By JAN LARSON McLAUGHLIN BG Independent News   As voters where casting their ballots, the Wood County Park District board was holding its monthly meeting in the Bradner Preserve. It was a perfect day to be in a park. Sun was shining. Trees were budding. The park board was hoping that feeling would continue into the evening when the votes were counted. “I’m cautiously optimistic,” said park board president Denny Parish. There was no need for caution, since the voters showed that they supported the county park district’s mission by approving the 1-mill renewal levy by 74 percent. The unofficial count was 14,462 to 5,207. The park board was worried of other financial competition on Tuesday’s ballot. “We were concerned there would be several financial issues on the ballot,” Parish said. “But it’s obvious tonight that people who support the parks, support the parks.” The key to such overwhelming support could have been that the park district stuck with its 1-mill levy, rather than increasing its millage. For the last decade, the levy has generated about $2.8 million a year. That amount is expected to grow to $3 million a year because of new construction in the county. Or it could have been all the park district offers for residents. The county park district has grown to 20 different parks, with 1,125 acres, open 365 days a year. “I think it’s just the good work that the people I work with everyday do for the parks,” said Wood County Park District Director Neil Munger. The park district may have also won such support by showing voters that it listens to their suggestions. Based on resident requests, new programming has been added – both educational and adventure activities, Munger said. “Everybody likes what we’ve been doing,” he said. “We’ll keep listening to the public to see what they want to see for their parks.” Park district adventure activities include archery, kayaking, canoeing, fishing, hiking, geo-caching, hunting, rock rappelling, bicycling and bouldering. Programs are offered throughout the year, including classes on wildlife, bird migration, nature photography, stream studies, fire building, seed cleaning, beekeeping, trees, yoga, tai chi and camping. There are also full moon walks, senior nature hikes, wildflower walks, and summer nature camps. The park district also shares its wealth, with small community parks in the…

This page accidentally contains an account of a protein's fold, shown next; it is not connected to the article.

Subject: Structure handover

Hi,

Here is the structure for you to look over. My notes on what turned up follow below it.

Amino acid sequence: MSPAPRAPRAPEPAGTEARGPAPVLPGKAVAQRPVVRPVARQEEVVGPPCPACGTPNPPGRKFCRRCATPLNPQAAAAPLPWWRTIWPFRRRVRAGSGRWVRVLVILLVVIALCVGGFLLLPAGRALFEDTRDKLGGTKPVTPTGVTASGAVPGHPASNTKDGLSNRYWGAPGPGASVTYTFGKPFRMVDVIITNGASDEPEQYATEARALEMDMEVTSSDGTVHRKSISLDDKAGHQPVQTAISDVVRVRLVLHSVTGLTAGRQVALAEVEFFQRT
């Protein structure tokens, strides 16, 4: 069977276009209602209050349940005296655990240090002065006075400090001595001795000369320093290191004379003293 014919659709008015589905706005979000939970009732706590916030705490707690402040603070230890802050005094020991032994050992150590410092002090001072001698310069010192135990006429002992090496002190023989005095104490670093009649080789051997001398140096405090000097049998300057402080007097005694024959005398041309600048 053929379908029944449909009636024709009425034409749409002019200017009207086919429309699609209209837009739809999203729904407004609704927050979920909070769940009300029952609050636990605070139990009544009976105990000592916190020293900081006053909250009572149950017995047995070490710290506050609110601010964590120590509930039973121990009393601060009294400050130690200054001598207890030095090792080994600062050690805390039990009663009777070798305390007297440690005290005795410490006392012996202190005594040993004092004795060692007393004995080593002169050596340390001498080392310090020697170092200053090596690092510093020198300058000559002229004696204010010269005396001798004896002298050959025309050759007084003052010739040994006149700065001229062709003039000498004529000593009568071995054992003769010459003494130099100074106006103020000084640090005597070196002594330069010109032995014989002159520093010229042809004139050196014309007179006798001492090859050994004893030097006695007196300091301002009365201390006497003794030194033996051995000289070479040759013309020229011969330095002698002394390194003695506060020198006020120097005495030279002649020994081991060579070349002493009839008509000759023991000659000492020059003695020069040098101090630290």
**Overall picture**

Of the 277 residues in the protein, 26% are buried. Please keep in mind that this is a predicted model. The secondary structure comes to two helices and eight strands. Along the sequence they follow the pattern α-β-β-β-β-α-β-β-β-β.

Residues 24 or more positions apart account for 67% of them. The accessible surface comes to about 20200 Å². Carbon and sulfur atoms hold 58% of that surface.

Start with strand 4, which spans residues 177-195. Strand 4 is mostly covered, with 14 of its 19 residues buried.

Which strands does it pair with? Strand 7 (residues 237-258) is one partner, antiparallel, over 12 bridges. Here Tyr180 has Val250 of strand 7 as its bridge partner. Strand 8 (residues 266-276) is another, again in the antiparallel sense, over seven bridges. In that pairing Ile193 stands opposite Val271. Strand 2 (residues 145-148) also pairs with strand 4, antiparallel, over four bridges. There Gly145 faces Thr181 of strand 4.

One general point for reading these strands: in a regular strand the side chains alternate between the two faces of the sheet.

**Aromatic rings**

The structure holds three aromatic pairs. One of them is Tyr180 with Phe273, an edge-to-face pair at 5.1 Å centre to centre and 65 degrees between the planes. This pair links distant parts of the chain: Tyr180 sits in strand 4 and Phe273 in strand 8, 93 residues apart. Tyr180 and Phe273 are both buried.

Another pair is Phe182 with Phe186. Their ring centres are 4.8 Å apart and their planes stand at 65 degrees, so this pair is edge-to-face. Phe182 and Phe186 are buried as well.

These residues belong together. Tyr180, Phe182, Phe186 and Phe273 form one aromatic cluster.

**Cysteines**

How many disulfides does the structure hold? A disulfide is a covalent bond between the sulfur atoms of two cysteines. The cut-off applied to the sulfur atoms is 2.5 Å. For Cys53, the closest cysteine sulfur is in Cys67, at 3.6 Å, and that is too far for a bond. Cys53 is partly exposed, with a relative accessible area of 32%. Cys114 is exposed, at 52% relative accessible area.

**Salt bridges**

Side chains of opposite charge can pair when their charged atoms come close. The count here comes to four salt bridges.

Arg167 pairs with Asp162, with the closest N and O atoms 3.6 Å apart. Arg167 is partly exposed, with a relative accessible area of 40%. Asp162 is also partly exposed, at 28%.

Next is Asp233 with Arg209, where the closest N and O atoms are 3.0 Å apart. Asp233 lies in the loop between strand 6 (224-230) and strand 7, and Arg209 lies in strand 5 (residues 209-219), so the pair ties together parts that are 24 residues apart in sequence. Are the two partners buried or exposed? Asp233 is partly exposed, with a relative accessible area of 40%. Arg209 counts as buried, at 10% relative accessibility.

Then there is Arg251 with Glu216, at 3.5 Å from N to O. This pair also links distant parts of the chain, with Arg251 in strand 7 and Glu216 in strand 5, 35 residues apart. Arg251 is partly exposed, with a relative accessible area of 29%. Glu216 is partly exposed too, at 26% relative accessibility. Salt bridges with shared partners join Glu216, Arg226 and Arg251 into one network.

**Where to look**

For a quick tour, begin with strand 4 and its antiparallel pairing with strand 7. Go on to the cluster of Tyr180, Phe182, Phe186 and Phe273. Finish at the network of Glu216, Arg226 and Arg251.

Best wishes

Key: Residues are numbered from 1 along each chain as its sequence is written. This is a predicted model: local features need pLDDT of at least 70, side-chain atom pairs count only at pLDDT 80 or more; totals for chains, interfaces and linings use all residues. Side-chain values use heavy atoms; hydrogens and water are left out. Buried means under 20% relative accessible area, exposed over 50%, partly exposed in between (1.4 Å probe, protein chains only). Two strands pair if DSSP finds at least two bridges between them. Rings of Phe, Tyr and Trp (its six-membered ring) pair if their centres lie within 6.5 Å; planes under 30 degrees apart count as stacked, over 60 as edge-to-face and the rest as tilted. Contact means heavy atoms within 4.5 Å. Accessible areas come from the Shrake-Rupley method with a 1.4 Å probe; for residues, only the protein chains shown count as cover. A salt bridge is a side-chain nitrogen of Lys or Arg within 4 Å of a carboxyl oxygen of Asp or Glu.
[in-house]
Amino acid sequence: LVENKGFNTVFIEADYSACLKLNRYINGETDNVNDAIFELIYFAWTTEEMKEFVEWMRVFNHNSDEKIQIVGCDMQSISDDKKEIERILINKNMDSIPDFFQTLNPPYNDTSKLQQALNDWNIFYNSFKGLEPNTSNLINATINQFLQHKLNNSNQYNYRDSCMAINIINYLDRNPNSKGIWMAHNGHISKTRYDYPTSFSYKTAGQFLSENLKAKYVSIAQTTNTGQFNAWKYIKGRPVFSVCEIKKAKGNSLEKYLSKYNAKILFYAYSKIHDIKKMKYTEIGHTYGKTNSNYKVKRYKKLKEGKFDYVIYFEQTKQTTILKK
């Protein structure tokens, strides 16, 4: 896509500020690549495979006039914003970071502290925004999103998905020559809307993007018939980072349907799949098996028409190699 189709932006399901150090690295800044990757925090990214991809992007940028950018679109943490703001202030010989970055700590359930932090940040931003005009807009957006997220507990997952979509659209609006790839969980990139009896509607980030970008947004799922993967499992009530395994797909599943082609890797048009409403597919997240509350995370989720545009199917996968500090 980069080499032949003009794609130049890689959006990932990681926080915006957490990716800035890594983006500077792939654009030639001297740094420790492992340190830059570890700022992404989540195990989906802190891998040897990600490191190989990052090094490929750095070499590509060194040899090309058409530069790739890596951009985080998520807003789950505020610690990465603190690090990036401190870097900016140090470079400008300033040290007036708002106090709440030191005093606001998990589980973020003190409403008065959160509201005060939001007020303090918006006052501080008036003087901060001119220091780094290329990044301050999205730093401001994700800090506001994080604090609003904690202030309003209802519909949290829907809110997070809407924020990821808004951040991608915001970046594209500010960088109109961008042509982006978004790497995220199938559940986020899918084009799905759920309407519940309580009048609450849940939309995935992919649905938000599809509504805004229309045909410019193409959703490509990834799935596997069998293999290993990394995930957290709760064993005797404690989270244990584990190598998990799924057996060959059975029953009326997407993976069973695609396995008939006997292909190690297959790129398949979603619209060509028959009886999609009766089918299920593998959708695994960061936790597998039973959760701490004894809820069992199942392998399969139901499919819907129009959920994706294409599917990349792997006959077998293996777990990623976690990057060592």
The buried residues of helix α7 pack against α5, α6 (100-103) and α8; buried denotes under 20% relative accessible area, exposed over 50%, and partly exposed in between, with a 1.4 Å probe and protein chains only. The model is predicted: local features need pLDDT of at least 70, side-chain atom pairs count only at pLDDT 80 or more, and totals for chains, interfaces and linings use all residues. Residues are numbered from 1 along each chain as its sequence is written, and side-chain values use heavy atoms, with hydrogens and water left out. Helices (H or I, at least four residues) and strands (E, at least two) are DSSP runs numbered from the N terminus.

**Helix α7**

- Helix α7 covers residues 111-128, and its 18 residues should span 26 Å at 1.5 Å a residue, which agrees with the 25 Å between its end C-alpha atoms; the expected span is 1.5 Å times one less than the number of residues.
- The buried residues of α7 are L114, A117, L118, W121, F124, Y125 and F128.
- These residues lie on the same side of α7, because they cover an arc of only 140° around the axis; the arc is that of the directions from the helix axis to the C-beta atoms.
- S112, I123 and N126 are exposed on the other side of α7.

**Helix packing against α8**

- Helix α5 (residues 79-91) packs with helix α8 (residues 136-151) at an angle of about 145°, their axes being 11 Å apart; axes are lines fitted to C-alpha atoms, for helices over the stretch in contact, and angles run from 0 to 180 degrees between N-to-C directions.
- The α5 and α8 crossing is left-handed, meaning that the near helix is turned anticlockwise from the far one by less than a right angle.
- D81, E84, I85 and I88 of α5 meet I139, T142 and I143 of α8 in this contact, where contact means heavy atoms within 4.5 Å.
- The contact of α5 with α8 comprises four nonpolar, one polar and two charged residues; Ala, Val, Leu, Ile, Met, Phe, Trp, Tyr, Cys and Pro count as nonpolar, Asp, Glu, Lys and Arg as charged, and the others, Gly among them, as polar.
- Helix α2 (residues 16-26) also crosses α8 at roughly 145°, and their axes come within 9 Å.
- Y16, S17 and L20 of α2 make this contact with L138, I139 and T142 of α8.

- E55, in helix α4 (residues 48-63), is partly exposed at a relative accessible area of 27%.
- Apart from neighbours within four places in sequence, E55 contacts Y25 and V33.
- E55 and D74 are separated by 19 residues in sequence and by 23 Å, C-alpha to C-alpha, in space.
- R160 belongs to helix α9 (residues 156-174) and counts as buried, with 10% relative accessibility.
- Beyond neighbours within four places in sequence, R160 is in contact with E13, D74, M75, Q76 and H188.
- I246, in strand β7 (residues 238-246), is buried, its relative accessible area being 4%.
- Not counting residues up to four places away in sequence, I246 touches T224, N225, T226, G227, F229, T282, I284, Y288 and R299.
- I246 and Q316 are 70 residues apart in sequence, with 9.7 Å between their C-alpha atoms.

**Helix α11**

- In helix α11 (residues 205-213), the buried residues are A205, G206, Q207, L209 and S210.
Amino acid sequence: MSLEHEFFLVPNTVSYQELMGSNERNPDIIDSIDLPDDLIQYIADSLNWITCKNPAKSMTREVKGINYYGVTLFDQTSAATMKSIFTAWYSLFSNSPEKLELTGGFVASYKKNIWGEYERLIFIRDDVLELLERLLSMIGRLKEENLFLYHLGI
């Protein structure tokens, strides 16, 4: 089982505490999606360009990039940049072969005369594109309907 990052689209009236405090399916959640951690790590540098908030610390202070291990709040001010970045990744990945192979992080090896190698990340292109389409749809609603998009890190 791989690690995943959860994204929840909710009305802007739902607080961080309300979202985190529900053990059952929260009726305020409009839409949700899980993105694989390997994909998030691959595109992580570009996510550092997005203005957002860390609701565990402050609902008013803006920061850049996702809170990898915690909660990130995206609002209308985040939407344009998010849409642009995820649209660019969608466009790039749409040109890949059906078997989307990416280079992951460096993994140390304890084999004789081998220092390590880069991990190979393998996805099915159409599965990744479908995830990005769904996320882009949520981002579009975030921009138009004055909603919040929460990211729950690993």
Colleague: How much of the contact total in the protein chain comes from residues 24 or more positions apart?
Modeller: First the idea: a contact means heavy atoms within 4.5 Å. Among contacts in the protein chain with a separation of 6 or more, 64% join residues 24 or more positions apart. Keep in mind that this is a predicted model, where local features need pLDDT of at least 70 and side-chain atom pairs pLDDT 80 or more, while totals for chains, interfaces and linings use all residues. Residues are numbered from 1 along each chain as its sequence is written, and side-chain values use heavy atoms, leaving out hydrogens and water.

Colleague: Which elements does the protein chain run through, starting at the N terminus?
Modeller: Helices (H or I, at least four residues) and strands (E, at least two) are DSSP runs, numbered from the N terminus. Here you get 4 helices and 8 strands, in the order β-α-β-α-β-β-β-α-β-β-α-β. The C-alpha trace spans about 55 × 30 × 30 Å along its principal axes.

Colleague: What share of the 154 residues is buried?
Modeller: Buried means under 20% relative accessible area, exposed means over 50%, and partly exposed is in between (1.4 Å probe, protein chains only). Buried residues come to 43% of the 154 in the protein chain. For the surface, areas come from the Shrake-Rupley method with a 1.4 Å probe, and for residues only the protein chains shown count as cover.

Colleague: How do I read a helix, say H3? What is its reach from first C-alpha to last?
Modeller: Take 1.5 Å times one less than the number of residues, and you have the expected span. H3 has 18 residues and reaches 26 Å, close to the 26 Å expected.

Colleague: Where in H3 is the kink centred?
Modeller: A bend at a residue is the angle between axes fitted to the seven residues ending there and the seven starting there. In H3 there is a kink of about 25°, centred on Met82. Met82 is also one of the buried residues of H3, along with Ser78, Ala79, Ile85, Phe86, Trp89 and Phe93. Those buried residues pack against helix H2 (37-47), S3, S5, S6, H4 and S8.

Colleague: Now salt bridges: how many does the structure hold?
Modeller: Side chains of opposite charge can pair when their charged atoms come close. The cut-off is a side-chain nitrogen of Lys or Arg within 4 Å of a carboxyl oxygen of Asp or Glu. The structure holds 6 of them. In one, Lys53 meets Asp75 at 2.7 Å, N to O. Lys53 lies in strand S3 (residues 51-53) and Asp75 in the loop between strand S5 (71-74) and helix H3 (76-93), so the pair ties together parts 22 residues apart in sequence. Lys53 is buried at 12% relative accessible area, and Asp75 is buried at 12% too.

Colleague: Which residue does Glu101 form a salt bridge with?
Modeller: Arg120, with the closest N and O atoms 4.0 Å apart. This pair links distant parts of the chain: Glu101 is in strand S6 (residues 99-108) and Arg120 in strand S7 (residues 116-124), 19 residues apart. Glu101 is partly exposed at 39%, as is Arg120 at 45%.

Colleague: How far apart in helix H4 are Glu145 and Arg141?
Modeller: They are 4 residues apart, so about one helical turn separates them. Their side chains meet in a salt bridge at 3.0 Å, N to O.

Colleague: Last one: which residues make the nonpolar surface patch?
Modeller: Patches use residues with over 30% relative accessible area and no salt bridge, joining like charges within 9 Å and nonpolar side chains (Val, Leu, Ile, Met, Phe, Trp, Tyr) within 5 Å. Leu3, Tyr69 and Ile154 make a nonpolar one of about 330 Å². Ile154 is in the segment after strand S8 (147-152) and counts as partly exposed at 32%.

Park district springs into may with full slate of nature programs